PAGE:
Three Music Videos to Watch Today

We can thank the internet for reviving the video star and keeping music videos as relevant as ever, even though they have lost the TV screen-time that birthed them in the first place. Today, because they are far more likely to be viewed, passed on, and talked about online than anywhere else, music videos have managed to both evolve beyond what they once were and maintain their relevance in entertainment and youth culture. Robin Thicke’s recent uncensored “Blurred Lines” video was both a YouTube ban controversy and the vehicle for a rising modeling star. Today, a music video can be a declaration of an artist’s point of view, a star vehicle, an inside joke, and much more. Here are three of the most talked about music videos of the moment:

 

  

1. Mumford & Sons “Hopeless Wanderer”

Chart-topping English folk band Mumford & Sons is known for their beards, their banjos, and their mastering of twee indie style—but today they’re being lauded for their sense of humor. In a perfectly self-aware and self-effacing move, the quartet stayed behind-the-scenes for the music video of the single “Hopeless Wanderer,” instead casting comedians Ed Helms, Will Forte, Jason Bateman, and Jason Sudeikis to play over-the-top versions of themselves. No doubt in a humorous nod and wink to the many Mumford haters who think the band’s fist-clenching earnest act is too much, the video parodies all things Mumford—from intense in-each-others’-faces singing to sun-dappled fields and prominently-featured rustic barns. The move has even critics laughing with them, not at them, and proves that self-awareness can get you far if done in the right way.

 

 

2. Jay Z “Picasso Baby”

In the last month, Jay Z has gotten rid of his hyphen, gotten his sports agency off the ground, and apparently merged the…

 
 
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Quote of the Day: “My dream car has always been a Chevy Silverado. After I have paid off all of my debt including student loans I will save to pay cash for the truck I want. I have a 3 1/2 year plan to pay off my debt and if I then take the money I am paying towards my debts and keep saving I should be able to buy my truck 1 year after that.” –Female, 22, OR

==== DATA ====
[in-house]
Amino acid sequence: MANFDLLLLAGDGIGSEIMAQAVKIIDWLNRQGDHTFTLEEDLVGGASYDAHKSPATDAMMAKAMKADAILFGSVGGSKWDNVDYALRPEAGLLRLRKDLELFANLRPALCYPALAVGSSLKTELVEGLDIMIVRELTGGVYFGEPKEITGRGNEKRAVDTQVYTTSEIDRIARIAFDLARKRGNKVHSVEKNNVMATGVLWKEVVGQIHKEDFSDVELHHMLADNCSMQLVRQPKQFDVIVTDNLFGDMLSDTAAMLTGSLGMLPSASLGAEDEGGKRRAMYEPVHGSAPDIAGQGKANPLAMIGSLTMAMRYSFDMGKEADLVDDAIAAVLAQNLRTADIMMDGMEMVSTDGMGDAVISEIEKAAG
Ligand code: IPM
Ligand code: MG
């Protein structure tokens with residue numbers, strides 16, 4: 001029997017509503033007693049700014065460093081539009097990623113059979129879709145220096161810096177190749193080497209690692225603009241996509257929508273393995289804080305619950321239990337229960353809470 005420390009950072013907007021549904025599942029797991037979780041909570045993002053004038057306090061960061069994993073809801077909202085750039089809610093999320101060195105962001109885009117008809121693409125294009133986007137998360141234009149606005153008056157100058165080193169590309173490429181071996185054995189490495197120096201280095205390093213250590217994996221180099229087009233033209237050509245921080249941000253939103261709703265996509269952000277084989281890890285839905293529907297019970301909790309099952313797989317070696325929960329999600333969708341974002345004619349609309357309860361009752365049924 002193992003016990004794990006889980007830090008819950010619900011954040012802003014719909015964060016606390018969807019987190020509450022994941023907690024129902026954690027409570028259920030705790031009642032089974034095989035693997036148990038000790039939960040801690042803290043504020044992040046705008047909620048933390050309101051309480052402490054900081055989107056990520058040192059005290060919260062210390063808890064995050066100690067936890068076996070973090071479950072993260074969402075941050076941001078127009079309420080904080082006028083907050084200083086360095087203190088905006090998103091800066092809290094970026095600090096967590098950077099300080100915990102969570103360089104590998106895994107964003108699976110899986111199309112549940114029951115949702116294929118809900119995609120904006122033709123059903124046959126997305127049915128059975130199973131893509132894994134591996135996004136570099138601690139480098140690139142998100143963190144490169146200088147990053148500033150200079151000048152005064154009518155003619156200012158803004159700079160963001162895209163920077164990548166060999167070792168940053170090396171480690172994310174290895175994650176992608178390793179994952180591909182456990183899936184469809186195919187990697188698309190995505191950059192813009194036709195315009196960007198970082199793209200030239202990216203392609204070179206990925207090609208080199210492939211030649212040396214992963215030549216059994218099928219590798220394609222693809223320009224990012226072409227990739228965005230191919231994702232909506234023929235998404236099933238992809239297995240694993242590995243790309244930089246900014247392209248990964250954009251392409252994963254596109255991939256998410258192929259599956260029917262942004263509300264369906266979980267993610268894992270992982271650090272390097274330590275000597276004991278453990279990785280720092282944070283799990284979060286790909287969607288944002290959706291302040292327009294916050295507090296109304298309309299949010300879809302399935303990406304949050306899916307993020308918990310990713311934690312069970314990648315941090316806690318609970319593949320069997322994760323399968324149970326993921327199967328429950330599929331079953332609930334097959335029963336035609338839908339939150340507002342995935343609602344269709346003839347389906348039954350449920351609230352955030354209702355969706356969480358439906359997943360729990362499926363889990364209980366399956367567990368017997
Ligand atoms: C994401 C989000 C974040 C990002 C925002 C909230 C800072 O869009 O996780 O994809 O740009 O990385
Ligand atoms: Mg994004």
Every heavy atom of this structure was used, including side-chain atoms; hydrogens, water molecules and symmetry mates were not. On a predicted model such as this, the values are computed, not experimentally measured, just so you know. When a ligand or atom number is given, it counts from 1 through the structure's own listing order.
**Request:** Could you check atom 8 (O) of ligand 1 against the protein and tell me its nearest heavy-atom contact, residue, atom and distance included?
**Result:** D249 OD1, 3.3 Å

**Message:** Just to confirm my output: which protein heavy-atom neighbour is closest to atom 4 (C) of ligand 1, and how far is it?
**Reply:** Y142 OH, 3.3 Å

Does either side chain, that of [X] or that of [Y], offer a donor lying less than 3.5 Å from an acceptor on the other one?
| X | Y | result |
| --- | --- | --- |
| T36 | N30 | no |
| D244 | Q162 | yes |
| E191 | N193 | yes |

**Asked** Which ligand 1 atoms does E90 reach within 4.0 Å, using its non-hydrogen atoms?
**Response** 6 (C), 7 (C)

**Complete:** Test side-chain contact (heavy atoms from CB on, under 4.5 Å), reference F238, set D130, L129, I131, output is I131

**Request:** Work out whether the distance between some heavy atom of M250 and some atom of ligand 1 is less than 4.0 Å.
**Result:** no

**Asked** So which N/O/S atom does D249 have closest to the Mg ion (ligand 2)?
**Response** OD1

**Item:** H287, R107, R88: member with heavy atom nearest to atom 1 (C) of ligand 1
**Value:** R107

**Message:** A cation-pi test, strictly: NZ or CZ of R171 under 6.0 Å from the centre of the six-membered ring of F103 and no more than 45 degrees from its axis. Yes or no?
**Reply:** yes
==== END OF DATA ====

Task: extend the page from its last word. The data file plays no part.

The mall doesn’t hold the same place in American culture it did twenty years ago, but it may still play a role in teen shopping tastes. A Teen Vogue survey reports that teen girls still like shopping in malls, with 65% of 16-26-year-old females saying they will do the majority of their holiday shopping in store. The top reasons they preferred mall shopping to online were seeing products in person, hanging out with friends, and bonding with their moms. (Awww.) 61% say they create their own wishlists by walking through the mall as well. (Chain Store Age)

Start hoarding bourbon. In 2015, the smooth spirit will be more expensive, thanks in large part to its popularity with Millennial consumers. Domestic bourbon sales have increased 36% in five years, and some distilleries are rationing their bottles for the first time since Prohibition. How’s that for the power of the craft cocktail trend? Bacon, that perennially trendy meat, will also continue rise in price. (Deal News)

McDonald’s sales continue to fall, and their problems attracting young consumers have been well documented this year. The number of 19-21-year-olds visiting the chain every month has dropped by 13% since 2011. “Desperate to change its image,” the brand’s latest turnaround plan (is this plan E?) includes self-service kiosks, a trimmed down menu, and a search for a “big idea” that will appeal to young consumers’ interest in social good. (Business Insider)

What did Millennials read online this year? A lot of BuzzFeed. Digiday’s look at 2014 in Millennial media consumption found that 39 million 18-34-year-olds visited BuzzFeed at least once, but traditional publications online are also attracting these younger readers. Over 20 million visited The New York Times, and almost 8 million visited The Wall Street Journal. Meanwhile, some “self-proclaimed” Millennial sites like Ozy and Vocativ reportedly “actually attract an older crowd.” (Digiday)

A generation delaying getting married and having children is creating interesting cultural shifts, and some hilariously awkward family moments. When one twenty-something found herself as the only single sibling and was deemed too old to be on her parent’s holiday card, she began to make her own tongue-in-cheek cards “celebrating” her solo, childless status. These hilarious missives, featuring booze and uncomfortable scenes, have gone viral, and she has become a holiday hero of the unmarried. (Mashable)

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